Becker and Walton hope LS&A will take on the gamelan--the orchestra, Walton notes, has "launched [students] into international studies. That happens over and over again."LS&A hasn't said no, but it hasn't made any commitments, either. A combination of space limitations and an administrative transition, from the university presidency on down, has left a lot of decision making up in the air. "It's not that nobody sympathizes; it's 'We think it's a good idea, but it's somebody else's problem,'" Becker says. And a university facilities manager told Walton that there was "absolutely no space" for the gamelan anywhere on Central Campus.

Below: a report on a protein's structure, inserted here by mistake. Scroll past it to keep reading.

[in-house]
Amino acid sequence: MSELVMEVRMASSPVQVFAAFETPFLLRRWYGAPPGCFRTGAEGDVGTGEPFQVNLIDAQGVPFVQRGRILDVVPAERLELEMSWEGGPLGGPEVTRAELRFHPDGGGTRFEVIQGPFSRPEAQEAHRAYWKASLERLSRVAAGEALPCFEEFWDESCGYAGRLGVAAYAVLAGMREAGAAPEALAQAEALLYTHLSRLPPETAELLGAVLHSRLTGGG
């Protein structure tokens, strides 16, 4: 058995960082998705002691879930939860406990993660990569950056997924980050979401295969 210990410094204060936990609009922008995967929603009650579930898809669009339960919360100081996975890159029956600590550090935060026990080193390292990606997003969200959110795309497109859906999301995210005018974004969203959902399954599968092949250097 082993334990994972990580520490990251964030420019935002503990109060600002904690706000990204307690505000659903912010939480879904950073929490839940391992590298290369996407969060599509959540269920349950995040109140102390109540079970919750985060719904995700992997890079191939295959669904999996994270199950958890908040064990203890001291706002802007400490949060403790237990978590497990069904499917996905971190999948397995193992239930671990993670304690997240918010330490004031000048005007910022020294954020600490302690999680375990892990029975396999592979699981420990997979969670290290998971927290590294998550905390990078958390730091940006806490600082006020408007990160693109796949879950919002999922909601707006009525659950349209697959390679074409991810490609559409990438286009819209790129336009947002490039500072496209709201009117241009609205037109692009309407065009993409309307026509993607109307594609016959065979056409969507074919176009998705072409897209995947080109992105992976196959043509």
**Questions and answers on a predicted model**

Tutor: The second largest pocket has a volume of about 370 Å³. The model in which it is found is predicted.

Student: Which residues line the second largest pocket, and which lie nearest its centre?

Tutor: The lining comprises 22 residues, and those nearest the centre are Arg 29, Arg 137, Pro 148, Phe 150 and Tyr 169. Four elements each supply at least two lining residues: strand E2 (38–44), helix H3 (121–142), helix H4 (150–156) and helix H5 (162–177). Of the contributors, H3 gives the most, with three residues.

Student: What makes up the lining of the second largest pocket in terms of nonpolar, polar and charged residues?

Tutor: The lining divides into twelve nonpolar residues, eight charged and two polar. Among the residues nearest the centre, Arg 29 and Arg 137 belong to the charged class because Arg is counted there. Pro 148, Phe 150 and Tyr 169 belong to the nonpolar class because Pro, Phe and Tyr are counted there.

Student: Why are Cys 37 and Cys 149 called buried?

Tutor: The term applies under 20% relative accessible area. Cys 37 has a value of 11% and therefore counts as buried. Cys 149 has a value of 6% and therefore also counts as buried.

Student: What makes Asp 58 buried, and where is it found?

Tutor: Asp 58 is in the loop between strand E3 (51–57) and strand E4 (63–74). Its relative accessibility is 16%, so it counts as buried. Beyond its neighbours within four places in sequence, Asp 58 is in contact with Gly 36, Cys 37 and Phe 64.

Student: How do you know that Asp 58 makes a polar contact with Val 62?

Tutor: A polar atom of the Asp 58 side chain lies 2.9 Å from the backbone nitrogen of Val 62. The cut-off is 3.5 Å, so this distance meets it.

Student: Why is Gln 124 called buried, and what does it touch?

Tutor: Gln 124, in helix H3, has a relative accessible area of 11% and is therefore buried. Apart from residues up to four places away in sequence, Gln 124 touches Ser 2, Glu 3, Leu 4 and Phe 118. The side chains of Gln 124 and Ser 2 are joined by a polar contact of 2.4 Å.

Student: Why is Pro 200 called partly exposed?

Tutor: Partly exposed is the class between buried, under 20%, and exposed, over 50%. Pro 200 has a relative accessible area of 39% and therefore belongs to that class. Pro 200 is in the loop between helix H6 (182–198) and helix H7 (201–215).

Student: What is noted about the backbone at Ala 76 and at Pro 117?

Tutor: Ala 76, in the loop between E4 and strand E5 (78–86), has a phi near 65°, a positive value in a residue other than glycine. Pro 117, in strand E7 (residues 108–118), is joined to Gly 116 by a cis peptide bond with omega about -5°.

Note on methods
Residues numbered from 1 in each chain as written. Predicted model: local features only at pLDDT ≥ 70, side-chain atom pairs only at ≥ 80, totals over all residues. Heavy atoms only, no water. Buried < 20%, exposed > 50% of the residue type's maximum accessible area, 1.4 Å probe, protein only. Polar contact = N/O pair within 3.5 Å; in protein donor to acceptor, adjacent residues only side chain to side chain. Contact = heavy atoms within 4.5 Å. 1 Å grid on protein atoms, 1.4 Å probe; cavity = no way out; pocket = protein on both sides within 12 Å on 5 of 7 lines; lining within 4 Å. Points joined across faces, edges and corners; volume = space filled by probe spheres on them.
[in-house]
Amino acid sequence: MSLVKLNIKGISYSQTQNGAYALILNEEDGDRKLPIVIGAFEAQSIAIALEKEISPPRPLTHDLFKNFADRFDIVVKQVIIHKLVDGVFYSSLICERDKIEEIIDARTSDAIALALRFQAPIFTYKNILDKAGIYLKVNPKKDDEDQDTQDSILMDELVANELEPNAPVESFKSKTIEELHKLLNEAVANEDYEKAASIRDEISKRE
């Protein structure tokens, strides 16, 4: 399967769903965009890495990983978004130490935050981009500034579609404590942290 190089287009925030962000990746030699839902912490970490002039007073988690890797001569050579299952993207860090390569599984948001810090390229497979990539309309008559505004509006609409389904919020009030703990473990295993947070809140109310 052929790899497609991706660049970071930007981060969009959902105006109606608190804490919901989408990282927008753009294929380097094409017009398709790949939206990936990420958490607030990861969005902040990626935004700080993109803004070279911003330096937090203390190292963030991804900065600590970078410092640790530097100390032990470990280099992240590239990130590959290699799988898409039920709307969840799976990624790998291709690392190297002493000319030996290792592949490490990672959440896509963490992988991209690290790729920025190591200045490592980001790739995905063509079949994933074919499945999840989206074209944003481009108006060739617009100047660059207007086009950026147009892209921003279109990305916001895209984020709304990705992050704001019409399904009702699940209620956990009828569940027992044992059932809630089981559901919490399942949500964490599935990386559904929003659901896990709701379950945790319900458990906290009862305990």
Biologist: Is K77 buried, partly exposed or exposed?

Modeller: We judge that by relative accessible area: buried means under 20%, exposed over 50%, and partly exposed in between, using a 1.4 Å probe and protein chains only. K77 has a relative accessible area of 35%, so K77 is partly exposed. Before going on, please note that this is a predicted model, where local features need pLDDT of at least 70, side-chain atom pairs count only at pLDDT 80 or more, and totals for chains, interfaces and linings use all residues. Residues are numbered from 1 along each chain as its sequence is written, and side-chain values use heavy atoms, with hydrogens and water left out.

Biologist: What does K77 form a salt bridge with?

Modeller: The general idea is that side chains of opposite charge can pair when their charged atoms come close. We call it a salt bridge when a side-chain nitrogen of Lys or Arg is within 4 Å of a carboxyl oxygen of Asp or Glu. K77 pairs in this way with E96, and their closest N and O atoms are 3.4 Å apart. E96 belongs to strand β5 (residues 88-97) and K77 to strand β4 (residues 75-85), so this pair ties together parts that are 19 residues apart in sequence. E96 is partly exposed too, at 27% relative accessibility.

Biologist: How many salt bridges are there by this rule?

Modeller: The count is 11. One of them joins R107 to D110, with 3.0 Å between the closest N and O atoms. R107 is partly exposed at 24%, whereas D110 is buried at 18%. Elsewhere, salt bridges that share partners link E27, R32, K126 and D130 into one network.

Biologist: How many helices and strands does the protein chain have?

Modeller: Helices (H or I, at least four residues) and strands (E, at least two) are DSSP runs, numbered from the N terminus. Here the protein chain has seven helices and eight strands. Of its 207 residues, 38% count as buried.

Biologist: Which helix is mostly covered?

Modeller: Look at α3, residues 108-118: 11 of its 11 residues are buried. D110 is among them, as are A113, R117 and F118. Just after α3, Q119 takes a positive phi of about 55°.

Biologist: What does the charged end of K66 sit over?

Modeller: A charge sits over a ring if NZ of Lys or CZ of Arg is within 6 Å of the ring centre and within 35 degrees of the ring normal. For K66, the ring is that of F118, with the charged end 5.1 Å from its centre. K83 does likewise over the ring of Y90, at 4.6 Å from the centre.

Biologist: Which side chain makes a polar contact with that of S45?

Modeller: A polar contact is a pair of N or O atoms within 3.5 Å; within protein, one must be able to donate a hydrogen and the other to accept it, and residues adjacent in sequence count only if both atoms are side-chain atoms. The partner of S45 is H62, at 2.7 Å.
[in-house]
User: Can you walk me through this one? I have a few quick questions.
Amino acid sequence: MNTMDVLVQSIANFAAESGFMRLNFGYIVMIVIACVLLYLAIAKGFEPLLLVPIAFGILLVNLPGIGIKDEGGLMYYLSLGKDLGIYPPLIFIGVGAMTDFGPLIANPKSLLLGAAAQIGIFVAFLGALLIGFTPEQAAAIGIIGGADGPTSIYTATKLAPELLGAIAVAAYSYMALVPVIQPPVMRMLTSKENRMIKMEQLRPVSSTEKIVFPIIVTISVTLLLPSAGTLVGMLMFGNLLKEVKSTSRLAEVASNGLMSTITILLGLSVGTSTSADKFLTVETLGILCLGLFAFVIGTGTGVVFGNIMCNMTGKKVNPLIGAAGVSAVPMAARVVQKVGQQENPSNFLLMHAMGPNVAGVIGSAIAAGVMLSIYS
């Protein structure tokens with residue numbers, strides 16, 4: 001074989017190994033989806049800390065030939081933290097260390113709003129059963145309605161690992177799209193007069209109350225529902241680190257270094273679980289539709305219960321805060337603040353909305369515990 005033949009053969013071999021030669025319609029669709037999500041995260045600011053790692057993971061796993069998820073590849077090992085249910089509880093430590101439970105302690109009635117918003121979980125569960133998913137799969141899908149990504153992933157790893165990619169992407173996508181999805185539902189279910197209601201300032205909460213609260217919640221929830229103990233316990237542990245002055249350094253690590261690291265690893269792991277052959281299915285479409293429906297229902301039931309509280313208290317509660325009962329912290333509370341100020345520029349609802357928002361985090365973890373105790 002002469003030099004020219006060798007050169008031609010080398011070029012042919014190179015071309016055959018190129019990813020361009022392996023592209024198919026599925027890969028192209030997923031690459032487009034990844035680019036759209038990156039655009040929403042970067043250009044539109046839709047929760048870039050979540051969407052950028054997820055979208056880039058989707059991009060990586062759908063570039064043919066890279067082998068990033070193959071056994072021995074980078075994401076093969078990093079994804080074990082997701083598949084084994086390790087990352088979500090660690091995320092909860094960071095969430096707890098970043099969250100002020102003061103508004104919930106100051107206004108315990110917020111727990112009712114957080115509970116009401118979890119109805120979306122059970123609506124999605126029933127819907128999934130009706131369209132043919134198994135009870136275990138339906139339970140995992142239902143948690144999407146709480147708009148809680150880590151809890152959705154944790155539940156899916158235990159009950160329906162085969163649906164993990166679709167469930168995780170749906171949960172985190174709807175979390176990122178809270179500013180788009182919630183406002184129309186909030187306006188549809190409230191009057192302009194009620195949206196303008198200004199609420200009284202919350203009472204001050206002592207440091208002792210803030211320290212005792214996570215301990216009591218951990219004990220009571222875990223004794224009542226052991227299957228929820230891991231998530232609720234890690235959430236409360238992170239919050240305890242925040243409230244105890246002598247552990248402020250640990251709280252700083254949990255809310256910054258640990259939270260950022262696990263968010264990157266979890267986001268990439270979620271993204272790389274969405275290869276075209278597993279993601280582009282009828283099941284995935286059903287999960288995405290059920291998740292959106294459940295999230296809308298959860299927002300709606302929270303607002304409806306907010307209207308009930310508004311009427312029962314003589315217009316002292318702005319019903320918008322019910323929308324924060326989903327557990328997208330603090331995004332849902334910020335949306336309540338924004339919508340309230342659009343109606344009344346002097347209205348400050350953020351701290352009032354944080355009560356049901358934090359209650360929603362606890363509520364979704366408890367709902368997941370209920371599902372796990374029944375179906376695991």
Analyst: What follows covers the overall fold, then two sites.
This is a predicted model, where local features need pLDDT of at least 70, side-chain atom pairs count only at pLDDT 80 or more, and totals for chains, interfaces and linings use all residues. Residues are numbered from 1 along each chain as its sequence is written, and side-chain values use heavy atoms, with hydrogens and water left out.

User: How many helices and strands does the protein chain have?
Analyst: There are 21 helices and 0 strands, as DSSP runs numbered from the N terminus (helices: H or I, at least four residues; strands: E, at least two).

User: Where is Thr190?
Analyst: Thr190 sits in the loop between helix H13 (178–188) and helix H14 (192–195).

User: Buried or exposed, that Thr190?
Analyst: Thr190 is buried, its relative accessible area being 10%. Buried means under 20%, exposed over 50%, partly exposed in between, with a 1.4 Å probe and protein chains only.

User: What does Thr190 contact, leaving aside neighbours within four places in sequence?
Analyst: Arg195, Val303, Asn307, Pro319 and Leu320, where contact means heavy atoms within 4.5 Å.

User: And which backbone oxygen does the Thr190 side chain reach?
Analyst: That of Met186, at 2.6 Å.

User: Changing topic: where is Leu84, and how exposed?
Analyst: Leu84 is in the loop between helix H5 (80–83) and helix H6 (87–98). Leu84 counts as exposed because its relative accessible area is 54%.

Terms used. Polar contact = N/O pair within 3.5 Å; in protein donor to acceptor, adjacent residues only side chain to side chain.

If you've got extra space and think you'd like to hear the sound Claude Debussy described as "fantastically rich--melodically, rhythmically, texture (such orchestration!) and above all formally" around the house, Walton says she would "absolutely" explore the idea of a new off-campus home for the gamelan--as long as it's close enough for students to get to. It can be stored fairly compactly, but needs a room about the size of a university classroom to set up.
[Originally published in March, 2014.]